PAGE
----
ST32-1 ROA Benefit (May 2008)
Category: 1.18-USERRA and Other Laws
New Jersey Supreme Court Upholds Rights of Reservist
By CAPT Samuel F. Wright, JAGC, USN (Ret.)
In the Matter of Michael Fidek, 76 N.J. 340, 387 A.2d 1185 (New Jersey Supreme Court 1978). Michael Fidek began his career with the New Jersey Department of Transportation on Sept. 9, 1966. Three days later, he embarked on a four-month unpaid leave of absence to perform initial active duty training in the U.S. Army Reserve. He completed his military training and returned to work at his civilian job on Jan. 16, 1967.
As I explained in Law Review 104, and other articles, Congress originally enacted the federal reemployment statute in 1940, as part of the Selective Training and Service Act. The reemployment statute has applied to the federal government and to private employers since 1940. In 1974, as part of the Vietnam Era Veterans Readjustment Assistance Act, Congress amended the reemployment statute to make it apply to state and local governments as well. This 1974 amendment was not retroactive, so the federal reemployment statute did not apply to Mr. Fidek’s 196667 period of military training in the Army Reserve.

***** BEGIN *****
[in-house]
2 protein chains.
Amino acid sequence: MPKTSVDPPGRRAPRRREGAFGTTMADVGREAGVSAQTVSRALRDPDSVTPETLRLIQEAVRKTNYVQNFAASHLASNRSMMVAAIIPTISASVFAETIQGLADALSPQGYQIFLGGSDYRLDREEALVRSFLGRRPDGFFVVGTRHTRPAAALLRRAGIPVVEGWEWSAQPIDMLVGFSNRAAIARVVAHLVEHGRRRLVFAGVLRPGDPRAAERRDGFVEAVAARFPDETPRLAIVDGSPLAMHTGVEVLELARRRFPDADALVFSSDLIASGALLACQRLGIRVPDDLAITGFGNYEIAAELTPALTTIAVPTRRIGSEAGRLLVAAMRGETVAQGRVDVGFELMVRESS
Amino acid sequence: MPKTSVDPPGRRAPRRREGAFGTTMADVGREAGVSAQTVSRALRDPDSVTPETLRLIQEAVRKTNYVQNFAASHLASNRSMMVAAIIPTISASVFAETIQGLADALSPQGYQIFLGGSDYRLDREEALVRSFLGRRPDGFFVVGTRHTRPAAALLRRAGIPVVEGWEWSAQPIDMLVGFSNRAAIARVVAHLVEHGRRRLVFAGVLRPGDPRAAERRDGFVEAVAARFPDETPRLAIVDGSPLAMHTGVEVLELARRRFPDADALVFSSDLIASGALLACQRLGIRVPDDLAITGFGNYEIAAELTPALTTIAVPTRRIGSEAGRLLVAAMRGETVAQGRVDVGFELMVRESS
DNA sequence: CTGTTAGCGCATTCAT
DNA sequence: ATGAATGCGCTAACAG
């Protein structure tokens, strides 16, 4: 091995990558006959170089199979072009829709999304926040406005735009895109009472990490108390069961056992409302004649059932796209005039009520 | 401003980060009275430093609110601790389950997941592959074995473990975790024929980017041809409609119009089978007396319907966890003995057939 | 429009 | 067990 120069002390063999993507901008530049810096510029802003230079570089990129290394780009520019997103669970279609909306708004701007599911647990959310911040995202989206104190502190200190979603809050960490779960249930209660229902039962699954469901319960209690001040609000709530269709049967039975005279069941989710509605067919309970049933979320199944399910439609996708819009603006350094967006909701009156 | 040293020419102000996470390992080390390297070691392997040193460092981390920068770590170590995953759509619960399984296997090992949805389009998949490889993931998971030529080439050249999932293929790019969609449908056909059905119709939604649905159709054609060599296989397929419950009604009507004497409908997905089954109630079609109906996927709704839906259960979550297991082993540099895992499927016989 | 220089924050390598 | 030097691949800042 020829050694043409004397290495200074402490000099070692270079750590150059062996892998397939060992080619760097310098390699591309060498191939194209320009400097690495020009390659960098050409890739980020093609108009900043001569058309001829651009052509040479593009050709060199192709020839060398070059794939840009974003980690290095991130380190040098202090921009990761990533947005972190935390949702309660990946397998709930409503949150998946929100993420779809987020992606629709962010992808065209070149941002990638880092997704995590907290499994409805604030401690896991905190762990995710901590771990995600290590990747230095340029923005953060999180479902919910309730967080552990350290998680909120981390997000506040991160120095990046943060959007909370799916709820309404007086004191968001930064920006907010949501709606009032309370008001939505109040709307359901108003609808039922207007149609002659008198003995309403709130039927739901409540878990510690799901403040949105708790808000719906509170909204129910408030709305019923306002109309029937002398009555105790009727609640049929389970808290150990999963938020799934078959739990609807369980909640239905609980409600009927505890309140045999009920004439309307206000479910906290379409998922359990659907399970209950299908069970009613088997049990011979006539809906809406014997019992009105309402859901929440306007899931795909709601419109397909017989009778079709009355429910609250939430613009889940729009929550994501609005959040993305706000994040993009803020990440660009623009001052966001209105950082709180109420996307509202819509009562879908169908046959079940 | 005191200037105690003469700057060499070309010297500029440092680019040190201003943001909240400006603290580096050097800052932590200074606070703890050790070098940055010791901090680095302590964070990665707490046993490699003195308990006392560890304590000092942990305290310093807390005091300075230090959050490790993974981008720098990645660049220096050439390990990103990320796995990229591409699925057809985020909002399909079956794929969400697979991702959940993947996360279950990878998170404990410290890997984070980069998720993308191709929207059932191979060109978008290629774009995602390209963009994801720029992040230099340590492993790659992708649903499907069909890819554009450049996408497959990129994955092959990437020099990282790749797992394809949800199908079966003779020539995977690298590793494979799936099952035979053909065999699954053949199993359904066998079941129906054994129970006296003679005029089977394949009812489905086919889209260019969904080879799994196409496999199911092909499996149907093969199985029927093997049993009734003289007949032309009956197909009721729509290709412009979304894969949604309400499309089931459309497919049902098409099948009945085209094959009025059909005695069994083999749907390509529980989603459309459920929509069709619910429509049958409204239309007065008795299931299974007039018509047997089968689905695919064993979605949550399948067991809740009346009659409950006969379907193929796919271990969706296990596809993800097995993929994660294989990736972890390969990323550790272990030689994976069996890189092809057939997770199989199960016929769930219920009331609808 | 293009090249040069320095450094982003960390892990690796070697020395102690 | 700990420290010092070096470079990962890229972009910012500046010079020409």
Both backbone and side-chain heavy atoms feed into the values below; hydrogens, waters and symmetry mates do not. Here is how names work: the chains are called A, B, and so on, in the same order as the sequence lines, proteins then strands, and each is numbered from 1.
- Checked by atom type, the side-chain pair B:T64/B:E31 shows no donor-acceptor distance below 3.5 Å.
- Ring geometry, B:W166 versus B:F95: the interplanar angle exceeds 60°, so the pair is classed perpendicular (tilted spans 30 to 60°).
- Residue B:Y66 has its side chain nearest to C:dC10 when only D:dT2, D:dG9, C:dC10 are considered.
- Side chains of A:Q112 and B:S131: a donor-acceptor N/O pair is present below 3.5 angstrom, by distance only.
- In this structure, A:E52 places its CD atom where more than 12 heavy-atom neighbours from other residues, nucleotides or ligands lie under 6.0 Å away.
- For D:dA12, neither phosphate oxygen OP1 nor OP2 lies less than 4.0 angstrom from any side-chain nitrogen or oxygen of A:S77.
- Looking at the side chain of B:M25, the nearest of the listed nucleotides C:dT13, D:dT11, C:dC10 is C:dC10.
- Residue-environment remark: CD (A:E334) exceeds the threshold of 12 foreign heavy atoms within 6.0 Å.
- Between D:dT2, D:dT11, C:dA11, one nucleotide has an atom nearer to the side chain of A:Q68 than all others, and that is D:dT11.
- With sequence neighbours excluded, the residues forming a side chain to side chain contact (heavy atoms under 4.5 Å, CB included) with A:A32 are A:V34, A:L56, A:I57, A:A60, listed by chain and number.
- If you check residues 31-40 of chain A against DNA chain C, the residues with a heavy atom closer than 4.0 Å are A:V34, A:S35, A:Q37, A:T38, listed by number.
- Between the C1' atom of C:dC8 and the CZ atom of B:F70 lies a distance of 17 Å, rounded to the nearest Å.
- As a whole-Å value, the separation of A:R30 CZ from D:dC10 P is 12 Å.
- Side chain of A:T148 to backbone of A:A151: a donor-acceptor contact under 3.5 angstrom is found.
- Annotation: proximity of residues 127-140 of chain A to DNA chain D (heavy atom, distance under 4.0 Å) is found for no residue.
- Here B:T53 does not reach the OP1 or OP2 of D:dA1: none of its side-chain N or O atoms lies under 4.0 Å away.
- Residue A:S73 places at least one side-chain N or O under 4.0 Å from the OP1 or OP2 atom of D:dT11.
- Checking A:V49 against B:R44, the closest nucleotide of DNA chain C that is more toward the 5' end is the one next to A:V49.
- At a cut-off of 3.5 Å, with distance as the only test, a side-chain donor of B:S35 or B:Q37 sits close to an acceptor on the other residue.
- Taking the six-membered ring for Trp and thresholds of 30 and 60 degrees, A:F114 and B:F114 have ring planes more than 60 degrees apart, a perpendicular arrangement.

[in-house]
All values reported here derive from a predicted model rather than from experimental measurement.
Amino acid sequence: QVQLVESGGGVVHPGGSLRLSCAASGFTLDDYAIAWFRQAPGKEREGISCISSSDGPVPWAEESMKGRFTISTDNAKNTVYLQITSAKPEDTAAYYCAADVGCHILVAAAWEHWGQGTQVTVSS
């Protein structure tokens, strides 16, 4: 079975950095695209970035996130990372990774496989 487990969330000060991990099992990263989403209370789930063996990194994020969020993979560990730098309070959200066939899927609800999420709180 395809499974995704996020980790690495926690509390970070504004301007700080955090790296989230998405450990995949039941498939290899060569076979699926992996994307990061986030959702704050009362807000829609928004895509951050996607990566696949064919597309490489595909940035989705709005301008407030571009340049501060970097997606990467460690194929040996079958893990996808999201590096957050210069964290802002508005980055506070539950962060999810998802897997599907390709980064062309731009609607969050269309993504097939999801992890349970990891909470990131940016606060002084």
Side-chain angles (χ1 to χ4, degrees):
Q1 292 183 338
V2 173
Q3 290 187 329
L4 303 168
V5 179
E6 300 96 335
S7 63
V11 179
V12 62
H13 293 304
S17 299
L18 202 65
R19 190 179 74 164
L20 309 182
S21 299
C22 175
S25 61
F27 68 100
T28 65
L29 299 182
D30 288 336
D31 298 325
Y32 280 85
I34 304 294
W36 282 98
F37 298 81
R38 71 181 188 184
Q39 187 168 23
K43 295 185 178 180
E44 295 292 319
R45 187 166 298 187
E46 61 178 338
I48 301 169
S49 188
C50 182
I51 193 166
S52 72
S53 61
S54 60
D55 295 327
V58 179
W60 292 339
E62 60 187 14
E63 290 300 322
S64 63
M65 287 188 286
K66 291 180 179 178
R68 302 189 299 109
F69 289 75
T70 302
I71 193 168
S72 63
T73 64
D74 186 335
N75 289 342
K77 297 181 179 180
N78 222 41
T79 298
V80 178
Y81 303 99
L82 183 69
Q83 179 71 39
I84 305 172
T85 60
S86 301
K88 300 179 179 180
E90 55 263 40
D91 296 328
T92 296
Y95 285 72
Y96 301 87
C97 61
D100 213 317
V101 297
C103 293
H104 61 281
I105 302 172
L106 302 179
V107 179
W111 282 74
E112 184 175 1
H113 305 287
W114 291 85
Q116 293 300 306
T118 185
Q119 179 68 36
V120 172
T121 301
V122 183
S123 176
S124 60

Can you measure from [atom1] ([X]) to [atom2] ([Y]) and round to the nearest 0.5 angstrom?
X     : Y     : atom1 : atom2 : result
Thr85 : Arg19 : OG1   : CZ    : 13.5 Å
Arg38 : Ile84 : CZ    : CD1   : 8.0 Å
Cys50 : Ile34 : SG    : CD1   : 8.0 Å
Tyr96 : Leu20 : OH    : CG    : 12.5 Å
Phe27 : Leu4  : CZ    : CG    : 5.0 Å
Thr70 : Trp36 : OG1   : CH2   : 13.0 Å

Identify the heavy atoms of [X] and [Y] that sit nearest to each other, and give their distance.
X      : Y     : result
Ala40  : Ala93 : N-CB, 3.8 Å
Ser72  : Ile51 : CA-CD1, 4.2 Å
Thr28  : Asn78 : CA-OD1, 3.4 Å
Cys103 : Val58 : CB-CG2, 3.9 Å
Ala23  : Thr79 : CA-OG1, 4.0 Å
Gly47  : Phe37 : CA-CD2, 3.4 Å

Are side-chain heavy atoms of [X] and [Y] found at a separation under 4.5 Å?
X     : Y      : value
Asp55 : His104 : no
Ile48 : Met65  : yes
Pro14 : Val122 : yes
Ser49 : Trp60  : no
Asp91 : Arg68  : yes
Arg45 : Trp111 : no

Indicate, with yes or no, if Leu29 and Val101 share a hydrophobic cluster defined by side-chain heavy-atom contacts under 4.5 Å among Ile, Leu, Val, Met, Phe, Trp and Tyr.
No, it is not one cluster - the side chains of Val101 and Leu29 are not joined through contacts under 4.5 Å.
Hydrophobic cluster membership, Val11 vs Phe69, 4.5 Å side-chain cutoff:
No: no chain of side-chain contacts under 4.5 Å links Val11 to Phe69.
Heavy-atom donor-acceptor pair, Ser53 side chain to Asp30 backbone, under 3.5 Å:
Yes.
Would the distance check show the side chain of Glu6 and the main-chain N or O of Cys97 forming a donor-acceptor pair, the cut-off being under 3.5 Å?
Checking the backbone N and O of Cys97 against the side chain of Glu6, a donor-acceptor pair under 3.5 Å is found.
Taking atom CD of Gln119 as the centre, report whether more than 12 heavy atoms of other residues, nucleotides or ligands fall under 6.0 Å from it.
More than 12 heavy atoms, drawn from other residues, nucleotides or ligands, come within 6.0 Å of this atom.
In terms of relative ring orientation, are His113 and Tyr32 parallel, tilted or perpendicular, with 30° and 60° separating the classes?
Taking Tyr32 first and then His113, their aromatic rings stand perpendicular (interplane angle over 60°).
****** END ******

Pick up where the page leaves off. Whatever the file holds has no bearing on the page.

In the mid-1970s, Mr. Fidek worked for the New Jersey Department of Transportation as a right-of-way negotiator. The negotiator position was abolished, and Mr. Fidek was subjected to an involuntary transfer to another part of New Jersey. Mr. Fidek had not been accorded state seniority credit for the four months of Army Reserve training that began almost immediately after he began his state career in September 1966. If he had been credited with state seniority for that four-month period, he would have had enough seniority to bump into another Department of Transportation position at the same location, and thus to avoid the involuntary transfer.
The federal reemployment statute did not apply to Mr. Fidek’s 196667 military training period, but the New Jersey Supreme Court held that he was entitled to that credit under New Jersey Statutes section 38:23-4. “We are satisfied that the [federal] statute is not retroactive. The result we reach today is, however, consonant with the federal policy.” Fidek, 387 A.2d at 1186.
Fidek is an interesting and important case, illustrating the relationship between the federal reemployment statute and state statutes like section 38:23-4. The federal statute is a floor and not a ceiling. If the federal statute does not apply, for whatever reason, you must also look to state statutes.
Back to top of page